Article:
Is there a better flex ? (Urs Thuermann)
Mon, 8 Jul 91 16:25:26 +0200

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Is there a better flex ? (1991-07-08)
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Newsgroups: comp.compilers
From: (Urs Thuermann)
Keywords: flex, question
Organization: Compilers Central
Date: Mon, 8 Jul 91 16:25:26 +0200

I have been working with the scanner generator 'flex' (version 04b of
30sep87) for some weeks and examined some of the automatons flex
constructed. I found out that flex, after converting the nfa to a dfa,
doesn't reduce the dfa, i.e. the dfa which flex outputs has equivalent
states which could be replaced by one state. For example, given the
regular expression for a C comment


flex generates an automaton with 8 states while the reduced automaton
would have only 5 states.
Another optimization I would like flex to do is generating ONE
accepting state for several rules with the same action. For the input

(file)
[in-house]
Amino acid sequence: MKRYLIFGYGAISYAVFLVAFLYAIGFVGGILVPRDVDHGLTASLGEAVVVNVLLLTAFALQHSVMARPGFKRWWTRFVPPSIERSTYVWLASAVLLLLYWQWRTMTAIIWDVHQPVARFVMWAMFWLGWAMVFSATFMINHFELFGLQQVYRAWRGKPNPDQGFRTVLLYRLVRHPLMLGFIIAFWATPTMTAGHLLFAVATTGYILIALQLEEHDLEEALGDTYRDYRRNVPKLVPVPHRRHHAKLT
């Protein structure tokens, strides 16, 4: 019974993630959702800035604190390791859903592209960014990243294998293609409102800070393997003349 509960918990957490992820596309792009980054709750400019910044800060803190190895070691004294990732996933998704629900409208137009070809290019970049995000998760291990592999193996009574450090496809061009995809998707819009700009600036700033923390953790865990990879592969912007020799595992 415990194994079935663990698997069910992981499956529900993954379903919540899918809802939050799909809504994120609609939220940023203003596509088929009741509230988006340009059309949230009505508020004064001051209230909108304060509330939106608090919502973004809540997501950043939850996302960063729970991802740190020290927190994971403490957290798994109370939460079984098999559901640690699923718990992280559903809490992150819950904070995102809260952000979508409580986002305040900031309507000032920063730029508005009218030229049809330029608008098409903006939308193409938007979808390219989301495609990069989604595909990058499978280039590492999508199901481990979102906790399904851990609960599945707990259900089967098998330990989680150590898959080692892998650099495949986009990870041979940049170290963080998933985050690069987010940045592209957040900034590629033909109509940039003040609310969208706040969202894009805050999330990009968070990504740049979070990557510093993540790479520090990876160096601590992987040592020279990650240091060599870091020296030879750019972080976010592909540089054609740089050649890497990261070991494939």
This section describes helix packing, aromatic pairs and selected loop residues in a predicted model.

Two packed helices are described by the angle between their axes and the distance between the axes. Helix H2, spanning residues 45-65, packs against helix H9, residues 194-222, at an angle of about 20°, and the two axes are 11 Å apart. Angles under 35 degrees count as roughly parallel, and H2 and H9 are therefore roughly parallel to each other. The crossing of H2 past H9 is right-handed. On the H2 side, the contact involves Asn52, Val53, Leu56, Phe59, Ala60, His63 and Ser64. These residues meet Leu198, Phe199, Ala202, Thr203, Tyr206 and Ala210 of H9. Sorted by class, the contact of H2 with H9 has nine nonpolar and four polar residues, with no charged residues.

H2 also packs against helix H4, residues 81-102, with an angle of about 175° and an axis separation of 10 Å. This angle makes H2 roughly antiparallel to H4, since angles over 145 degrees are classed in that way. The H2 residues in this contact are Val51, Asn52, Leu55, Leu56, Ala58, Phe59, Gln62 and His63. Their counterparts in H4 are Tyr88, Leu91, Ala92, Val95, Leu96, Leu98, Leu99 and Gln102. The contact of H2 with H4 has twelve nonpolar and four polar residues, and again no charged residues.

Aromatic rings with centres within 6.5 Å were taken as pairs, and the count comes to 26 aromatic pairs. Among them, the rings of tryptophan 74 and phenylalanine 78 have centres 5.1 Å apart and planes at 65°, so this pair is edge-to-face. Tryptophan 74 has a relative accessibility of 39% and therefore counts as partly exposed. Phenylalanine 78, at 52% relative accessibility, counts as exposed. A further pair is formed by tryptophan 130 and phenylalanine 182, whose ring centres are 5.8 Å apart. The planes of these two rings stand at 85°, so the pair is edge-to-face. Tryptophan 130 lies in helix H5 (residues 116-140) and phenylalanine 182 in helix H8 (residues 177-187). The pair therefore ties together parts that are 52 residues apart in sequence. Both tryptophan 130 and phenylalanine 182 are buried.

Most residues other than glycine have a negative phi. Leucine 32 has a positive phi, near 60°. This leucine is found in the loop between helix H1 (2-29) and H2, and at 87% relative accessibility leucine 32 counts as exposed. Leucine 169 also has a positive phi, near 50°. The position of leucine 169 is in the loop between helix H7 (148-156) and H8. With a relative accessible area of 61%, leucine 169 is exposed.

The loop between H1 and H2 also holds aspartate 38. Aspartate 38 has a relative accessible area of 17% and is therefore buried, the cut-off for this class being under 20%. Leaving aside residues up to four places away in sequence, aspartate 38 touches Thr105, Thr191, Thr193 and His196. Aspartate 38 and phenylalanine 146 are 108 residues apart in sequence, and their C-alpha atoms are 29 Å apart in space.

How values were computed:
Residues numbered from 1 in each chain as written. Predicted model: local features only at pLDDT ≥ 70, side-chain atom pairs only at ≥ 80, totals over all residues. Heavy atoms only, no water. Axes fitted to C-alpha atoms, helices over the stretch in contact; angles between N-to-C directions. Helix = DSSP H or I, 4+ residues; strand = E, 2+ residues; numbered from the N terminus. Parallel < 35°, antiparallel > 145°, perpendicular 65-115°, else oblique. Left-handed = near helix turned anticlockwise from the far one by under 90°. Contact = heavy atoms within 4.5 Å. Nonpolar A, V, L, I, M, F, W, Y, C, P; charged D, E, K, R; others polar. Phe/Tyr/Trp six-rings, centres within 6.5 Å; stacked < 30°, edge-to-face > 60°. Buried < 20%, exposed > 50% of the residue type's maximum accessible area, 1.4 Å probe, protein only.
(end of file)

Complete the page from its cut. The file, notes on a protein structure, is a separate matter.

digit [0-9]
                hex [0-9a-fA-F]
                oct [0-7]
                exp [eE][+-]?{digit}+


                [1-9]{digit}*[lL]? |
                0[xX]{hex}*[lL]? |
                0{oct}*[lL]? return (INT_CONSTANT);

                {digit}+\.{digit}*{exp}? |
                {digit}*\.{digit}+{exp}? |
                {digit}+{exp} return (FLOAT_CONSTANT);

flex could make an accepting state for the first three rules and one
for the last three rules instead of six accepting states. Combined
with elimination of equivalent states this would reduce the number of
states from 29 to 15 for the above example of int and float constants.
Maybe I also found a bug in flex: If I write

                [!%&()*+,-./:;<>?[\]^{}|~] return (yytext[0]);

one equivalence class for these 23 characters will be built, but if I

return (yytext[0]);

there is an equivalence class for each character.

Does anybody know of a version of flex which performs the optimizations
mentioned above and if so, where can I get it.

Please reply to
[Vern Paxton, who wrote flex, often reads compilers. Perhaps he can say
why he did things the way he did. It is my recollection that there were
several cases where putative optimizations did not in fact make things
significantly faster or smaller. -John]

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